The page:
Health & Lifestyles
LBD confused with Alzheimer's
The second-most common type of dementia is known as Lewy body dementia (LBD). It completely amazes me when I realize the lack of awareness among the general public and, worse, medical professionals regarding this disease. So many caregivers whose loved ones have this disease have told me they are constantly having to explain exactly what this malady is to people in the medical profession. Twenty to 30 years ago, doctors hardly used the word "Alzheimer's" at all when diagnosing. Now they may be throwing it out there a little too quickly. Nearly 80 percent of those with LBD were initially diagnosed with a different type of cognitive impairment. Many who are currently diagnosed with early onset Alzheimer's disease may later find it changed to LBD.Dissimilar characteristics of dementia need to be treated differently. This is why an early and correct diagnosis is so important. It is my opinion that LBD is the worst of all types of dementia. I say this because just the visual hallucinations alone are so very profound. Fifteen or 20 years ago, many patients with this disease were rejected from nursing homes due to the behaviors that came from their hallucinations and delusions. It was quickly nicknamed "Little People's Disease," because that is what many of the sufferers believe they are seeing, even at times screaming and arguing with these "little people." Often, the behavior problems become too intense for mental health staff to handle. Other symptoms of this disease are: And the list goes on. The actual culprits that cause the disease are protein deposits called "Lewy bodies" that accumulate in nerve cells (neurons) in regions of the brain. This causes the cells to degenerate and die over a period of time. Sadly, there is no single test available that can diagnose the disease. Instead, doctors have to go through a process of elimination of other diseases. Like all other types of dementia, we are still in the learning process. As for the long-suffering caregivers, I truly understand that all types of dementia are challenging. However, there is a special place in my heart for those caring for a loved one who has LBD. When I was caring for my dad who had Alzheimer's and he began to experience hallucinations and delusions, I found this to be the most difficult period for me to endure. I can only imagine how wearisome it would be caring for someone with LBD all the time. Please stay strong and do your best to make sure that those you are caring for know you will always be there for them.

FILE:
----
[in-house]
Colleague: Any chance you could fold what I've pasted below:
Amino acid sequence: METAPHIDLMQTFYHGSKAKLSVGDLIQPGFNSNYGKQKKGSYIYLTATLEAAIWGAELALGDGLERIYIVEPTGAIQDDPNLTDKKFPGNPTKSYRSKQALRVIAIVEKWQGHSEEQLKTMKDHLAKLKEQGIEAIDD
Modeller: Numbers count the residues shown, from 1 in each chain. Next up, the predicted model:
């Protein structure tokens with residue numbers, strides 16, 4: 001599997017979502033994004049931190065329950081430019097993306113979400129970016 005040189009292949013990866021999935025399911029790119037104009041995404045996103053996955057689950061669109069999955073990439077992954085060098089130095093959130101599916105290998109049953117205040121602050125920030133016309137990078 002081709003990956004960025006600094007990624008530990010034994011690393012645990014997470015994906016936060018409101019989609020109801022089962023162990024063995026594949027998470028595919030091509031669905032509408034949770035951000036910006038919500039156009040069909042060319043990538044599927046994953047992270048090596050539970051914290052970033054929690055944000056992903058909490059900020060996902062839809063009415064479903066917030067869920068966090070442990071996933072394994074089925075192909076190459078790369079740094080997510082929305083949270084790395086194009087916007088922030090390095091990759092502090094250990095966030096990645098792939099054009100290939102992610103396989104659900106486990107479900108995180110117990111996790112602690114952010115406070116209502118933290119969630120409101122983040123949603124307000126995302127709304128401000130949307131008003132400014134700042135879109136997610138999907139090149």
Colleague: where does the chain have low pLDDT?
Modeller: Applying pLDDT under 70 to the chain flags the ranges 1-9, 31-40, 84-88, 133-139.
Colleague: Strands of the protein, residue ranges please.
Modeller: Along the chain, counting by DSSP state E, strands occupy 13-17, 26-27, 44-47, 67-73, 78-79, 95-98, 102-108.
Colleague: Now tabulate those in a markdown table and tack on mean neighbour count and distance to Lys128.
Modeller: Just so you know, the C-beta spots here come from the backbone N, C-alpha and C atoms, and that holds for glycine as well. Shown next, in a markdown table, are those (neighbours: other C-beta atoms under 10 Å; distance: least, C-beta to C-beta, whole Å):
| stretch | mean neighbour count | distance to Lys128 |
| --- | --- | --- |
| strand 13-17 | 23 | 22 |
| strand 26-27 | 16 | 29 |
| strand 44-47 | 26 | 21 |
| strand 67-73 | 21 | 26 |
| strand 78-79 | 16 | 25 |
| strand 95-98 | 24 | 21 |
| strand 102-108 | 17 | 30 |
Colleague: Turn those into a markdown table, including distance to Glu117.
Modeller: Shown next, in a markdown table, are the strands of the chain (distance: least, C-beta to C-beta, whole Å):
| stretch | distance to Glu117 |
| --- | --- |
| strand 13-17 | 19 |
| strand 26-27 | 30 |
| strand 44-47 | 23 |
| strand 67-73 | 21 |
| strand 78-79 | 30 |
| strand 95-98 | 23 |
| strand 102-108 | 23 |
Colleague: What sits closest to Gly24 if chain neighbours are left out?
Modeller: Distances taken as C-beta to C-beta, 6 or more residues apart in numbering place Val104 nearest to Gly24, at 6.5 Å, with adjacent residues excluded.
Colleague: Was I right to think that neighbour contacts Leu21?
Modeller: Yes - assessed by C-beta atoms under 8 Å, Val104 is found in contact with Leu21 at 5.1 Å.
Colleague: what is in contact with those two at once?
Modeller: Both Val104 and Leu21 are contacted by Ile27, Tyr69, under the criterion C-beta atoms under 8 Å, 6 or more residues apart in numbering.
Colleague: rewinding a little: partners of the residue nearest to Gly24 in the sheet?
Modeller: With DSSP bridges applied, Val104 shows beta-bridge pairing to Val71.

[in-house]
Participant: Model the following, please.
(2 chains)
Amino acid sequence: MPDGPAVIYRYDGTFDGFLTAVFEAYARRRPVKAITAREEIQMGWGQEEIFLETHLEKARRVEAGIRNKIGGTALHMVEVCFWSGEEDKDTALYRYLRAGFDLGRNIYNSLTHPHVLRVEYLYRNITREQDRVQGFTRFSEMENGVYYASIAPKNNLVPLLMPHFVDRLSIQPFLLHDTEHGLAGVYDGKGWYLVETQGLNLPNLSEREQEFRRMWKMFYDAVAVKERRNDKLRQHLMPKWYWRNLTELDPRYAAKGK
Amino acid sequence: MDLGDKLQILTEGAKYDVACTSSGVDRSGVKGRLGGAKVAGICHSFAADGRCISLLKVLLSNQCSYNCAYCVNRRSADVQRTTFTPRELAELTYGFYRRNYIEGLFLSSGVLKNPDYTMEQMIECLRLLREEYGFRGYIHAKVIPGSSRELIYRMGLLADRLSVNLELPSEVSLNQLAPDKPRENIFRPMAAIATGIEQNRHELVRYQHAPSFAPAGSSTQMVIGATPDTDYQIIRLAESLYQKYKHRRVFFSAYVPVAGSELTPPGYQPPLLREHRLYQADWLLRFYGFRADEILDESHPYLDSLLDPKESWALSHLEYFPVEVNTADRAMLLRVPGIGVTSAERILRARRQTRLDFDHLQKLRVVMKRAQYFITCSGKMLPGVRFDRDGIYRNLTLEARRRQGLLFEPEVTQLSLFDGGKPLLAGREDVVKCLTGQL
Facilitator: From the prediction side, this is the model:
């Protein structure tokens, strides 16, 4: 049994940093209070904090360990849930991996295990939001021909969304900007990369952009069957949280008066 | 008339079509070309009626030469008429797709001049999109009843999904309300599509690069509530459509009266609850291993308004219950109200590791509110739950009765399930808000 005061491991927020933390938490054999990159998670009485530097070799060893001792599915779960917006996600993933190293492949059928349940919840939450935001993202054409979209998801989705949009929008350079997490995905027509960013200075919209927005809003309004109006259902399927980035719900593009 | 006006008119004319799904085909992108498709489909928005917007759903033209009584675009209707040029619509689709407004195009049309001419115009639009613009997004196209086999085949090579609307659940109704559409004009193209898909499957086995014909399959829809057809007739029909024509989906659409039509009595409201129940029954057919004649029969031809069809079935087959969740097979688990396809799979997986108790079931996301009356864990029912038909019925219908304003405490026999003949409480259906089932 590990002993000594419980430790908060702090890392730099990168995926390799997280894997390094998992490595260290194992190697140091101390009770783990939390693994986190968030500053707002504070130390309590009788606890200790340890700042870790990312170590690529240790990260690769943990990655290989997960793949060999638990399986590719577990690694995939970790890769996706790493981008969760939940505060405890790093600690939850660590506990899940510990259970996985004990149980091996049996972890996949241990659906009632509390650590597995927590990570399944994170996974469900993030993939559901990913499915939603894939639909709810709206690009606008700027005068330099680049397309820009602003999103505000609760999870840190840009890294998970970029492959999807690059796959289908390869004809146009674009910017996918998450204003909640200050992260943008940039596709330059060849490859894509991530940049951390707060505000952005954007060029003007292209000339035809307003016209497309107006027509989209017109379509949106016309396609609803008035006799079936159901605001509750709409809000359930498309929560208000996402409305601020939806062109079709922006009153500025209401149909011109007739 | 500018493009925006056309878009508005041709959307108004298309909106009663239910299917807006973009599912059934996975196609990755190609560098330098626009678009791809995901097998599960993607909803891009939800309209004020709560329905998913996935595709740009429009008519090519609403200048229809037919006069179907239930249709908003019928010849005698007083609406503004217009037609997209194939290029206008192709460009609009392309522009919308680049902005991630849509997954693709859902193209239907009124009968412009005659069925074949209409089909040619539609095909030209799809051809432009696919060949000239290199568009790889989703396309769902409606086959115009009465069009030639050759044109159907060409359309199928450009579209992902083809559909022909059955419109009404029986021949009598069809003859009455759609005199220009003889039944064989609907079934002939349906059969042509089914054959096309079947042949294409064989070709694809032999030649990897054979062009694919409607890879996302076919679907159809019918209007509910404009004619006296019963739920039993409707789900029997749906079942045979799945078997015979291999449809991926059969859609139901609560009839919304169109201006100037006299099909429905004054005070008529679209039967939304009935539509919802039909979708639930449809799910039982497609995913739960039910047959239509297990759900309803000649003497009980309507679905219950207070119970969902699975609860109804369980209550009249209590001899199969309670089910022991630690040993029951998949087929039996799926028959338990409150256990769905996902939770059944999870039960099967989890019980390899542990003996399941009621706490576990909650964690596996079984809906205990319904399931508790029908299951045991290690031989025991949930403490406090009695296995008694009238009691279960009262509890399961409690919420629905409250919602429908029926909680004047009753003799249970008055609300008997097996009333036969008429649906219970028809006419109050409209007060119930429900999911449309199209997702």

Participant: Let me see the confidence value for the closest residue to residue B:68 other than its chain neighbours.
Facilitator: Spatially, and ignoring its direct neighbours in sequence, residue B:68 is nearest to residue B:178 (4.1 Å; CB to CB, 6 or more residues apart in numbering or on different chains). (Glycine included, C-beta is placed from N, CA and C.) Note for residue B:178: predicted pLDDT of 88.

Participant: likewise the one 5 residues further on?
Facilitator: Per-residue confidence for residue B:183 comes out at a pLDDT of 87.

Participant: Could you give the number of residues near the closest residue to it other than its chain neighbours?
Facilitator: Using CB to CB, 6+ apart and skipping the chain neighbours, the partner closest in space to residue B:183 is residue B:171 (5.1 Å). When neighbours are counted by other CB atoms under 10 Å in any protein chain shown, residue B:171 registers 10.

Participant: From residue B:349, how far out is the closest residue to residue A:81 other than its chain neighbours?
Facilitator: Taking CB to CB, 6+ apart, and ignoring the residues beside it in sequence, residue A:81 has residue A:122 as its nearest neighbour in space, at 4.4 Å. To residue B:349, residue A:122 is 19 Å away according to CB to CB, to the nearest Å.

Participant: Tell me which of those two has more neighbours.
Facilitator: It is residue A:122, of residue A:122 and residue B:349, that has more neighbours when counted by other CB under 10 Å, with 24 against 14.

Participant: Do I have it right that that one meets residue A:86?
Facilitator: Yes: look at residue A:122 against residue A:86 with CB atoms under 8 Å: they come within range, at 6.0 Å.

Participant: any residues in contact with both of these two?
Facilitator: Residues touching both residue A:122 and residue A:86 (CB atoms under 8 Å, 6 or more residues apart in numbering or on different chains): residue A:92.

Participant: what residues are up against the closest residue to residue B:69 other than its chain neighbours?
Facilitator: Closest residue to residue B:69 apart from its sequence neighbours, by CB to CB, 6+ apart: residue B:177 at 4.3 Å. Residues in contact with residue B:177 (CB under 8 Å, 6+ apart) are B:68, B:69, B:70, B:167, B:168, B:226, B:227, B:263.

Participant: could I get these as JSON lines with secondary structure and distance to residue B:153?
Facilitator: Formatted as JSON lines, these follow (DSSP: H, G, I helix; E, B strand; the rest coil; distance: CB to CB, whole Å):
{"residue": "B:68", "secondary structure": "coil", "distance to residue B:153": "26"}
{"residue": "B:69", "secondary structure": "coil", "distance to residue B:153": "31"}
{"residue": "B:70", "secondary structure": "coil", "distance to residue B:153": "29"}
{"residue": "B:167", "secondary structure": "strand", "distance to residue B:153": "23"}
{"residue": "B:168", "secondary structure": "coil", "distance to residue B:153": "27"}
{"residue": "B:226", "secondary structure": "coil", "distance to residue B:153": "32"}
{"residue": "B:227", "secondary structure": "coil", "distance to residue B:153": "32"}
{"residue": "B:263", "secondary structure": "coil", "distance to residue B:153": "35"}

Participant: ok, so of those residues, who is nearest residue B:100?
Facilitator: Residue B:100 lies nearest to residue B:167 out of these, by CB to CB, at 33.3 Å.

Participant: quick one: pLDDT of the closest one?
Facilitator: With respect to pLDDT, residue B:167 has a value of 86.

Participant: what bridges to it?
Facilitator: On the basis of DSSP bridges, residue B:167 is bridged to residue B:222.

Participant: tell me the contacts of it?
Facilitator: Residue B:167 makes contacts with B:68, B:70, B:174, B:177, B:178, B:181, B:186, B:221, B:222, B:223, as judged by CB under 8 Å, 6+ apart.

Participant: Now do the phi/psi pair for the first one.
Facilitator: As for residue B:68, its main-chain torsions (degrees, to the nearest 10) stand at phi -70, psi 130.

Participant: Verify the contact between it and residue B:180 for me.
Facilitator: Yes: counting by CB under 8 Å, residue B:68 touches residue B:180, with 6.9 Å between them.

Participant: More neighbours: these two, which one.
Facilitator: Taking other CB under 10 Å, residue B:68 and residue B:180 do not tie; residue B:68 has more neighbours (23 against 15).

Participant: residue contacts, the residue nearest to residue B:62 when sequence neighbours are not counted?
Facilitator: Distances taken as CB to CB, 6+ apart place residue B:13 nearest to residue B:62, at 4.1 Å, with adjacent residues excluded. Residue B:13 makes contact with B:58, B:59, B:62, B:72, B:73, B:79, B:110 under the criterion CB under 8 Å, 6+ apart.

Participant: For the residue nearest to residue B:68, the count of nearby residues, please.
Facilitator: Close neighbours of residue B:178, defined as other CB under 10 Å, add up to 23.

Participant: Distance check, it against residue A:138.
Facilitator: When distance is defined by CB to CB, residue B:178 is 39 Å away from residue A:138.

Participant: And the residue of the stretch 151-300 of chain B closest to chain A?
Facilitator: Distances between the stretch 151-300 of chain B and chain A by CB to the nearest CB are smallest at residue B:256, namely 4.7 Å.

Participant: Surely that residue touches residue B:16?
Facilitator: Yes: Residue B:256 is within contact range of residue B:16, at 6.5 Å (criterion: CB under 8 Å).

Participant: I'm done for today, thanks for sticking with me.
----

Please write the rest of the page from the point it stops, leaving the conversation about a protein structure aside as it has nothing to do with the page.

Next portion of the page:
Gary Joseph LeBlanc was the primary caregiver of his father for a decade after he was diagnosed with Alzheimer's disease. He can be reached at email@example.com. His books, "Managing Alzheimer's and Dementia Behaviors," "While I Still Can" and "Staying Afloat in a Sea of Forgetfulness" can be found at www.commonsensecargiving.com.
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